Regular exercise closes the fitness gap between young and old

According to new research the older we get the harder we have to work to keep fit.

Seniors it seems may have to work harder than young people to perform the same physical activity, but regular exercise may close that age gap.

Researchers found in a study comparing sedentary adults in their 60s and 70s with those in their 20s and 30s, that older men and women had to use much more oxygen to walk at the same speed as their younger counterparts.

But after taking up a six-month exercise program involving walking or jogging, biking and stretching, the seniors reversed their loss of exercise "efficiency."

The term exercise efficiency means how much energy the body expends to perform a given activity.

Dr. Wayne C. Levy of the University of Washington in Seattle, the study's senior author, says at the start of this study, the seniors in the group used 20 percent more oxygen to walk at the same speed as a younger person.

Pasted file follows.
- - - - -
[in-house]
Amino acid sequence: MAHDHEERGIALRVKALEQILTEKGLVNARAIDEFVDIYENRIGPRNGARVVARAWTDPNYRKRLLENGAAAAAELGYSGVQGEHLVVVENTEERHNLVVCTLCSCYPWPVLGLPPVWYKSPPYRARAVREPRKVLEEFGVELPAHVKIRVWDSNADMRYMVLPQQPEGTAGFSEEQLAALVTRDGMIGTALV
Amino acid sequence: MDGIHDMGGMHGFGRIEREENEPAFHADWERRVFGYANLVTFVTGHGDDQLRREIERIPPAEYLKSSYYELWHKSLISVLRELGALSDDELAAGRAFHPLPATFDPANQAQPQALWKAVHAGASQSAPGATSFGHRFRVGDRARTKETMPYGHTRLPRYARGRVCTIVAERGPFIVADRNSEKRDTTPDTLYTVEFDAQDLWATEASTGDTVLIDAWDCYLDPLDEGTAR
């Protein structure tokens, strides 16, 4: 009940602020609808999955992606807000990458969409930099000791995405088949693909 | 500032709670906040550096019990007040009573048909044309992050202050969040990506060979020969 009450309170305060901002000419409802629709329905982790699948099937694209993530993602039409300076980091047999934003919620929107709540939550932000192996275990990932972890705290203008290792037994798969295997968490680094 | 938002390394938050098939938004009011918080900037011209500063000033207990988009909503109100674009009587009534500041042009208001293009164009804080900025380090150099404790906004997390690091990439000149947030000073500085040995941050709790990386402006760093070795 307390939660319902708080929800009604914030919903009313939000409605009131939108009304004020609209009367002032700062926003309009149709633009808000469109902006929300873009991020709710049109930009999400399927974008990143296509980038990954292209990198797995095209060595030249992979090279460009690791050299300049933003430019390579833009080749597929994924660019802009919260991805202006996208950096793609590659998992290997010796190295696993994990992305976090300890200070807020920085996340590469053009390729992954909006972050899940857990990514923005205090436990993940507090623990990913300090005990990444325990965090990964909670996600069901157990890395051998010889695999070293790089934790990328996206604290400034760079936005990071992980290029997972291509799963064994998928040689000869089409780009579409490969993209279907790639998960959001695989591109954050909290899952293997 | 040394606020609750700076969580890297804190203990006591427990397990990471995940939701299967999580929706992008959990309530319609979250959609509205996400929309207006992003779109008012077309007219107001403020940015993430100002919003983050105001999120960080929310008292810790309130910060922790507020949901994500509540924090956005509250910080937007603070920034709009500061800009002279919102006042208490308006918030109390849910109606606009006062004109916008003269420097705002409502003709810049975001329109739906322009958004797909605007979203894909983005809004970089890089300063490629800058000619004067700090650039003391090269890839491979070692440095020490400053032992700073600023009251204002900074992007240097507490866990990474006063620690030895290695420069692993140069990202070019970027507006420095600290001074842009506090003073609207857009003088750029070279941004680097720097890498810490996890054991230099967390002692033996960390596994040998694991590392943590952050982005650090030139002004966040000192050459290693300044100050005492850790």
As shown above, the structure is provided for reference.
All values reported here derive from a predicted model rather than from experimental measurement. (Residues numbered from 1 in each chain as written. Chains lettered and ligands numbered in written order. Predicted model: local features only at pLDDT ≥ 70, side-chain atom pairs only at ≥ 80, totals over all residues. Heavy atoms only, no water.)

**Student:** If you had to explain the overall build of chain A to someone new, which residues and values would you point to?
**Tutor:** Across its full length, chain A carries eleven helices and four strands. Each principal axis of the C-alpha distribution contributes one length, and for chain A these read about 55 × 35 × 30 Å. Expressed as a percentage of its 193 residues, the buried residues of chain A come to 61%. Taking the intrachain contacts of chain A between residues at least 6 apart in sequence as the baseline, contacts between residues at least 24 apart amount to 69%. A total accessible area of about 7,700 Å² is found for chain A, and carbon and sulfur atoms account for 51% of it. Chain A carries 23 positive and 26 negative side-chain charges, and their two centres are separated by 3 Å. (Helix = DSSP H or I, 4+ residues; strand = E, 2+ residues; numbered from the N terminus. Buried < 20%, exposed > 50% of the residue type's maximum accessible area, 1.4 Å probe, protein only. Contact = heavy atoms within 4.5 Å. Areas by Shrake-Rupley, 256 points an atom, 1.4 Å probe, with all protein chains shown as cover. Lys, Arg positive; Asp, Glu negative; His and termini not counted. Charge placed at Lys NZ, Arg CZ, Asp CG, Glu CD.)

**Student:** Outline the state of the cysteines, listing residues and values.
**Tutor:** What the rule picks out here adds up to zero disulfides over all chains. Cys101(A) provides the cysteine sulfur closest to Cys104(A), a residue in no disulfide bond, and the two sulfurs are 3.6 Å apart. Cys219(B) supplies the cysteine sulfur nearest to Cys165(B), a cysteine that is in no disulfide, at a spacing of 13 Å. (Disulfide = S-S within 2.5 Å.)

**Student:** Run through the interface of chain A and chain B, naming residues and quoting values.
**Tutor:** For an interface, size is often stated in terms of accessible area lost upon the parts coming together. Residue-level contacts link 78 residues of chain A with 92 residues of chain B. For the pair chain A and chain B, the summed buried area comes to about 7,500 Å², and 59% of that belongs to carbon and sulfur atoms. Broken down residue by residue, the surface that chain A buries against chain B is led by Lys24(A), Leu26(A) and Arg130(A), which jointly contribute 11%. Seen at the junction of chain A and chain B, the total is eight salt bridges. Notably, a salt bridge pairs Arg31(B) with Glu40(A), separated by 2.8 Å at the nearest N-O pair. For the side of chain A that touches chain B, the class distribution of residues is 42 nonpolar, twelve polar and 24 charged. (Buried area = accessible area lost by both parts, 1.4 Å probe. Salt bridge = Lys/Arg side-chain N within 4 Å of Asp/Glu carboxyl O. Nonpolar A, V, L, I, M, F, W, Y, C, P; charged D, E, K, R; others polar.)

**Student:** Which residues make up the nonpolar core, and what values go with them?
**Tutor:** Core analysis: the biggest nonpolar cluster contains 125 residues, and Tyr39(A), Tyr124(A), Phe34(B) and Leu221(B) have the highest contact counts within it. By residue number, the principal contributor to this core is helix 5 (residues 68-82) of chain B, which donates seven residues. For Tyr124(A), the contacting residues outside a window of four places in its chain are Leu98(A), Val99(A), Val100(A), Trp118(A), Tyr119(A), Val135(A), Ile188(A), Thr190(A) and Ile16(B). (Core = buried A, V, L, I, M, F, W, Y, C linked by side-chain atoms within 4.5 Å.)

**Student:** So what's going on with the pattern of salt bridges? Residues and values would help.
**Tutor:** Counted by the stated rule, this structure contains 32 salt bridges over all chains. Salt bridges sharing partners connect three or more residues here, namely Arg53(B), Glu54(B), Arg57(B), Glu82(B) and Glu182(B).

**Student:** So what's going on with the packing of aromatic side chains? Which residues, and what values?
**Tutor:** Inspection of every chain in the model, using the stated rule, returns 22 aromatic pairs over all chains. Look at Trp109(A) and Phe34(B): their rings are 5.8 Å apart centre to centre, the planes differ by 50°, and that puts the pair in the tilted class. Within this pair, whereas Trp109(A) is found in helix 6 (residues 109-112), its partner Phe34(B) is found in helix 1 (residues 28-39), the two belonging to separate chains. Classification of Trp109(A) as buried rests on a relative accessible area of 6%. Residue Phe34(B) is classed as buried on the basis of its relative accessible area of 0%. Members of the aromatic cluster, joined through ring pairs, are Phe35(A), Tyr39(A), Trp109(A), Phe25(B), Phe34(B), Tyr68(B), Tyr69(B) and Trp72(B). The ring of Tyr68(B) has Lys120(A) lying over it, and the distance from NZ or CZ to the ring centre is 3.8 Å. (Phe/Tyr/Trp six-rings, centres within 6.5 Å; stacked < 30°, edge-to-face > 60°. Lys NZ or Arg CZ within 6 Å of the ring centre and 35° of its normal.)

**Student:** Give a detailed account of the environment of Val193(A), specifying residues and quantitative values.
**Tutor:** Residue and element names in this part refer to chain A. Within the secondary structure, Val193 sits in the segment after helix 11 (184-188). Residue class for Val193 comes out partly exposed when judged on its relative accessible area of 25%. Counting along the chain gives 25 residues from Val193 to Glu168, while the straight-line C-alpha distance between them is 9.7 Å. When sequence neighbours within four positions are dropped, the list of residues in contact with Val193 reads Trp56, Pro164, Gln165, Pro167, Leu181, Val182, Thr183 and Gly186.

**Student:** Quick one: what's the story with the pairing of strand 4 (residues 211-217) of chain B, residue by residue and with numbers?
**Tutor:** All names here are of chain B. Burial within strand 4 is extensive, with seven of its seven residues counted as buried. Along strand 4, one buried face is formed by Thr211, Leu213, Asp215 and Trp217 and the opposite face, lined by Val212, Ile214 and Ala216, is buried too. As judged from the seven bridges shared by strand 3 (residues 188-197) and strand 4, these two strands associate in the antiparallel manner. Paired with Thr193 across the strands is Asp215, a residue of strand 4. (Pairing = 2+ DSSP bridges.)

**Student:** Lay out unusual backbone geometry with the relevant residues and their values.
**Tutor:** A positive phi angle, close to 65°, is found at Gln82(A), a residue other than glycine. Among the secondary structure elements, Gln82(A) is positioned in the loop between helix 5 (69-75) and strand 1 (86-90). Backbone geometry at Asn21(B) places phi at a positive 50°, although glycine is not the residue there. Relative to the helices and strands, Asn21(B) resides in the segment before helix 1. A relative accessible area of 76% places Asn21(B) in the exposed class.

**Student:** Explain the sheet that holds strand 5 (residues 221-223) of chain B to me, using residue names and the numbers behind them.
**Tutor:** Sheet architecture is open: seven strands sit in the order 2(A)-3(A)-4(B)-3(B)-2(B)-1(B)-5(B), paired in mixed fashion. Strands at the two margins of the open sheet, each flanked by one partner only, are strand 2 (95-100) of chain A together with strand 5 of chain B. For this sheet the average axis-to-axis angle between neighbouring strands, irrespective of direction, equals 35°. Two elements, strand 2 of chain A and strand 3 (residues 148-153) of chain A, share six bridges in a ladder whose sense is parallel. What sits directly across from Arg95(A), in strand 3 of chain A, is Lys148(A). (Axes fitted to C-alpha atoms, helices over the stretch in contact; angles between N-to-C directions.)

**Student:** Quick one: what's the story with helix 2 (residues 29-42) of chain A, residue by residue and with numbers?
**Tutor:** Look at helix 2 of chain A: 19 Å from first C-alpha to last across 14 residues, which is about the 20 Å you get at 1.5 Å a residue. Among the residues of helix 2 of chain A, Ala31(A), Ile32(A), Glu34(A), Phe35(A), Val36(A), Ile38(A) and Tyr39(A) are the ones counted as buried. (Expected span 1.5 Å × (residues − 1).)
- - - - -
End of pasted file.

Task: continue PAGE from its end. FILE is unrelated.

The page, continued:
But after six months of regular exercise, 90 minutes, three times a week the older participants' exercise efficiency improved by 30 percent, versus only 2 percent among their younger counterparts.

It is common knowledge that as people age, there is a decline in the exercise or work a person can do before becoming exhausted.

The new findings suggest however that this is not just a product of the aging cardiovascular system being less able to send oxygen to working muscles, but that the older body also needs more oxygen to perform the same work as a younger one i.e. exercise efficiency declines.

But this decline appears to come about mainly through inactivity, and may very well be reversible.

Dr. Levy says the idea that exercise efficiency dips with age is a "relatively new concept," and although younger people in his study were still better at pumping blood and oxygen to their muscles after exercise training, it was only the older exercisers who showed significant gains in exercise efficiency.

Levy and his colleagues say the "disproportionately" greater improvement in this area, was "new and unexpected."

According to Levy it is unclear as yet how intensely people need to exercise to retain their efficiency as they age, but he suspects that any activity done regularly, including walking, would have benefits.

The findings are published in the current issue of the Journal of the American College of Cardiology.

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